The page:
This narrative ethics exploration stems from my happy prostate-specific antigen (PSA) story, though it should not have been, as I annually refuse my family physician’s recommendation to purchase PSA screening. The reason for my refusal is I teach ethics to medical students and of course must walk the talk, and PSA screening is not publicly funded in the province of Ontario, Canada. In addition, I might have taken false comfort in ‘but all you need is a good index finger’ to detect prostate cancer, expounded by a senior physician at a national medical conference in 2010, and applauded by the large audience of physicians. I was compelled to begin this exploration out of survivor guilt, although I will not be a survivor for long, and as a mea culpa to the men similarly situated to me in having late diagnosis of prostate cancer, aggressive tumours and multiple metastases, but who unlike me are dead because they did not experience the physician–educator-based exceptionisms and coincidences that permit me to still be alive. Although my PSA story will always be a happy story, even when my life ends in a few years, the initiation of public funding of PSA screening for all men over 50 would make my PSA story an even happier story.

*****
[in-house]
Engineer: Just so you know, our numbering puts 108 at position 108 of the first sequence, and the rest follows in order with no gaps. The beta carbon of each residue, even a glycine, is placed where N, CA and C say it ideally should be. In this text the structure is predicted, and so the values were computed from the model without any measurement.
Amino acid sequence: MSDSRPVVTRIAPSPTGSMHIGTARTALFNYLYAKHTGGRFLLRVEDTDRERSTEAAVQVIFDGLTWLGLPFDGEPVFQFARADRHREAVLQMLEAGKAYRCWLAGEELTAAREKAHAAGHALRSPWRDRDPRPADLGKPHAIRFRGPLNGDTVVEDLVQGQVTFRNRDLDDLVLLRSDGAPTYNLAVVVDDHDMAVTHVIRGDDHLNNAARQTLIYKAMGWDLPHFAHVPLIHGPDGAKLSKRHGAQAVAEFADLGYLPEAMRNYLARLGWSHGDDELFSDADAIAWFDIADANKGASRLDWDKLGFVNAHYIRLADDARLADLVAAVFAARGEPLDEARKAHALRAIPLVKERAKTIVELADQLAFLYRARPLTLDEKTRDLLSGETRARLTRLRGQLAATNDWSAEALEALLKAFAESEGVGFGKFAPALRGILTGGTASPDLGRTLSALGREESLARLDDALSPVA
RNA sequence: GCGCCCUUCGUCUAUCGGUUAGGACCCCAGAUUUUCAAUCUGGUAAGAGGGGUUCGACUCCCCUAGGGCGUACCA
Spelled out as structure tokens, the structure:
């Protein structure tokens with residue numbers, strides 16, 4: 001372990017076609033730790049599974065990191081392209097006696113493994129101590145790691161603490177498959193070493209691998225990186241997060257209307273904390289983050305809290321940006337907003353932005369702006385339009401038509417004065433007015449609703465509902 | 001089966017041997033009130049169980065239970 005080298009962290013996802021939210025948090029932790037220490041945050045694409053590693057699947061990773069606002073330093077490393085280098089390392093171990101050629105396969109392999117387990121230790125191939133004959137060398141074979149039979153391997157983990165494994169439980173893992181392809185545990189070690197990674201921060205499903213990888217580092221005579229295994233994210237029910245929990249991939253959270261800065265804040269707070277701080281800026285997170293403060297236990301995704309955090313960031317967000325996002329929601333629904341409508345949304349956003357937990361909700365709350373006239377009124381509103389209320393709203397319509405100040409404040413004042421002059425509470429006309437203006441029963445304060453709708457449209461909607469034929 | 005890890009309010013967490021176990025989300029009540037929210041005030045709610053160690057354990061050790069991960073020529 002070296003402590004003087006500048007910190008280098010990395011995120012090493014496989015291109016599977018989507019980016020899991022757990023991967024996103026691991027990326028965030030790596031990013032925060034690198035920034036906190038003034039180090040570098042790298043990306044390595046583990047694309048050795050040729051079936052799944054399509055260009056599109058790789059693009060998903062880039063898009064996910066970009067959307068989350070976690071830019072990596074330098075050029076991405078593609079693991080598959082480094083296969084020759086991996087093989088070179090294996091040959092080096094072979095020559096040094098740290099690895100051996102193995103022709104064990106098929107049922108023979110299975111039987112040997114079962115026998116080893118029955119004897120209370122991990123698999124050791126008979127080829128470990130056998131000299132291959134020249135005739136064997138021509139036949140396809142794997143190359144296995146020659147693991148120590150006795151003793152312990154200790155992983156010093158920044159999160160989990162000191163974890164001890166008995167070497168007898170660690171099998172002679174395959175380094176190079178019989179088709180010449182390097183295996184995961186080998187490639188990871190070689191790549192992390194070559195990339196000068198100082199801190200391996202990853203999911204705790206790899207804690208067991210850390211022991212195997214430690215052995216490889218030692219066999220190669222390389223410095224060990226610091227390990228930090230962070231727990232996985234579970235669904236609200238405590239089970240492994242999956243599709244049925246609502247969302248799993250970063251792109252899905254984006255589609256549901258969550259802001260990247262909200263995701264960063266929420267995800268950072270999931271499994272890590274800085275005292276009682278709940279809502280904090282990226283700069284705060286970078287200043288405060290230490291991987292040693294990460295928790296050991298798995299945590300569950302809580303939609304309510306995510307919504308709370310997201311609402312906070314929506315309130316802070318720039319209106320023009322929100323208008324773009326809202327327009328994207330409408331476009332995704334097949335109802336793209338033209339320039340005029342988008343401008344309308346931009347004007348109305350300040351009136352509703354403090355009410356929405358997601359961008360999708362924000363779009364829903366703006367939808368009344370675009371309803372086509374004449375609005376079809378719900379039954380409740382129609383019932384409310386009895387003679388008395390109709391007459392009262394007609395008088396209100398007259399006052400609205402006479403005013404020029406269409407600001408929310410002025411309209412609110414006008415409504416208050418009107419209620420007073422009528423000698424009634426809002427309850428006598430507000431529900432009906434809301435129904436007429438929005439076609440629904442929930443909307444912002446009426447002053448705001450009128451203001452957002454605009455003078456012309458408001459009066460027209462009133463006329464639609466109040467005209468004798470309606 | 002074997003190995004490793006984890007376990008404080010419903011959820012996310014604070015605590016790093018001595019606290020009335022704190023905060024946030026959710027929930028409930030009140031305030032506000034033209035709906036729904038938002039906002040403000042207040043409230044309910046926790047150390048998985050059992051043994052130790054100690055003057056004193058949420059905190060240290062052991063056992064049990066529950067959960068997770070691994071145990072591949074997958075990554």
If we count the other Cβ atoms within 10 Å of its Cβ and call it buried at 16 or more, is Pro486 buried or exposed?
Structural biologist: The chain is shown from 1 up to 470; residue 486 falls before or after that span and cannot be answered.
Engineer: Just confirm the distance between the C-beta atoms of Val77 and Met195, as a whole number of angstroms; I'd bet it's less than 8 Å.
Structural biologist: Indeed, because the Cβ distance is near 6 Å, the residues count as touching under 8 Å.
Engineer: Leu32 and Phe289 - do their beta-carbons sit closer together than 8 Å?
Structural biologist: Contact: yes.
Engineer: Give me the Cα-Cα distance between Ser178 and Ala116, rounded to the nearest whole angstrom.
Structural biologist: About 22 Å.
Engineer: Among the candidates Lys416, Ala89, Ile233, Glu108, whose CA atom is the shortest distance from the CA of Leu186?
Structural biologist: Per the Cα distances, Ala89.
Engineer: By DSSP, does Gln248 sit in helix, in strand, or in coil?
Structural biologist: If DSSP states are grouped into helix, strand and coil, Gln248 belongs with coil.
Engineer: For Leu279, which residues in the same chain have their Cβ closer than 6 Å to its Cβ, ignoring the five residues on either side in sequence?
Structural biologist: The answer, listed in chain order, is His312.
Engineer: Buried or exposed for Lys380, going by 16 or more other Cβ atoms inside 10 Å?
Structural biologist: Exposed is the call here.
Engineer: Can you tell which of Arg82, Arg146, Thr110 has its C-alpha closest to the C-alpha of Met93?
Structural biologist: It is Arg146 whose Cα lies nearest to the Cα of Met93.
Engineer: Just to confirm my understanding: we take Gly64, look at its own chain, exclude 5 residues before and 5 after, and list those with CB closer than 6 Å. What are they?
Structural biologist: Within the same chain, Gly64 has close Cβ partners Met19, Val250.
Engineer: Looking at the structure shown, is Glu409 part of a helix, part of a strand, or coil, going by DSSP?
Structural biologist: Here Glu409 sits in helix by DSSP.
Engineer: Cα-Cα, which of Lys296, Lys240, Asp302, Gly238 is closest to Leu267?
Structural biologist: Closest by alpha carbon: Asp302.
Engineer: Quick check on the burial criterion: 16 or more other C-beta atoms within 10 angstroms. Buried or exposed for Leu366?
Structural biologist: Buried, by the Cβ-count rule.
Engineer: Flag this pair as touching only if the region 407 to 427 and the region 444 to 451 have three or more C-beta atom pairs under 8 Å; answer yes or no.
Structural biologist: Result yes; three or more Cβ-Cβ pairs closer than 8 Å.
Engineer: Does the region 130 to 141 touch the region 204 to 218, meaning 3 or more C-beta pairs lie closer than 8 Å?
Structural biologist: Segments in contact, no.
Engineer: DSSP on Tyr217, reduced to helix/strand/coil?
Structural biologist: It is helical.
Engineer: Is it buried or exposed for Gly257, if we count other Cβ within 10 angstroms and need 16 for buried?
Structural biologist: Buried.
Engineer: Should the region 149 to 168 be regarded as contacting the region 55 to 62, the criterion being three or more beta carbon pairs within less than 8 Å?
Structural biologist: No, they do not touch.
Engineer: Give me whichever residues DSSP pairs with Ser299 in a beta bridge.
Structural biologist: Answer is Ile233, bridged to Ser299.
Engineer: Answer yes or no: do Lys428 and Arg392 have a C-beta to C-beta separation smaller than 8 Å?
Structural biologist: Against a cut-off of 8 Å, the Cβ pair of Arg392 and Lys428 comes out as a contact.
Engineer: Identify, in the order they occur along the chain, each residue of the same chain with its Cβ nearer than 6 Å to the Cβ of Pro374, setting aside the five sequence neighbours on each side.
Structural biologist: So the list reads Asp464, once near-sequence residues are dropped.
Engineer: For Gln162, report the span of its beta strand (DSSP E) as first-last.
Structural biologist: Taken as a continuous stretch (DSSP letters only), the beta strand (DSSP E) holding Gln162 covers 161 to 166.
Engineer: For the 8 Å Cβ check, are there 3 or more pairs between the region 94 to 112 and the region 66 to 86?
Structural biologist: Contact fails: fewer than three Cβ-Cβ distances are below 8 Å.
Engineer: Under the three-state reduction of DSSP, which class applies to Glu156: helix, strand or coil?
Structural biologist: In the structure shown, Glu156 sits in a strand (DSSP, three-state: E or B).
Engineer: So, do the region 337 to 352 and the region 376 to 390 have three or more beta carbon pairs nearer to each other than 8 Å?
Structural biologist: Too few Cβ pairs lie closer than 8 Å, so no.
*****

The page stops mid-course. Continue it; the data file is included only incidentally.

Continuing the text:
- distributive Justice
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Contributors The author is the sole contributor.
Funding The authors have not declared a specific grant for this research from any funding agency in the public, commercial or not-for-profit sectors.
Competing interests None declared.
Patient consent for publication Not required.
Provenance and peer review Not commissioned; externally peer reviewed.
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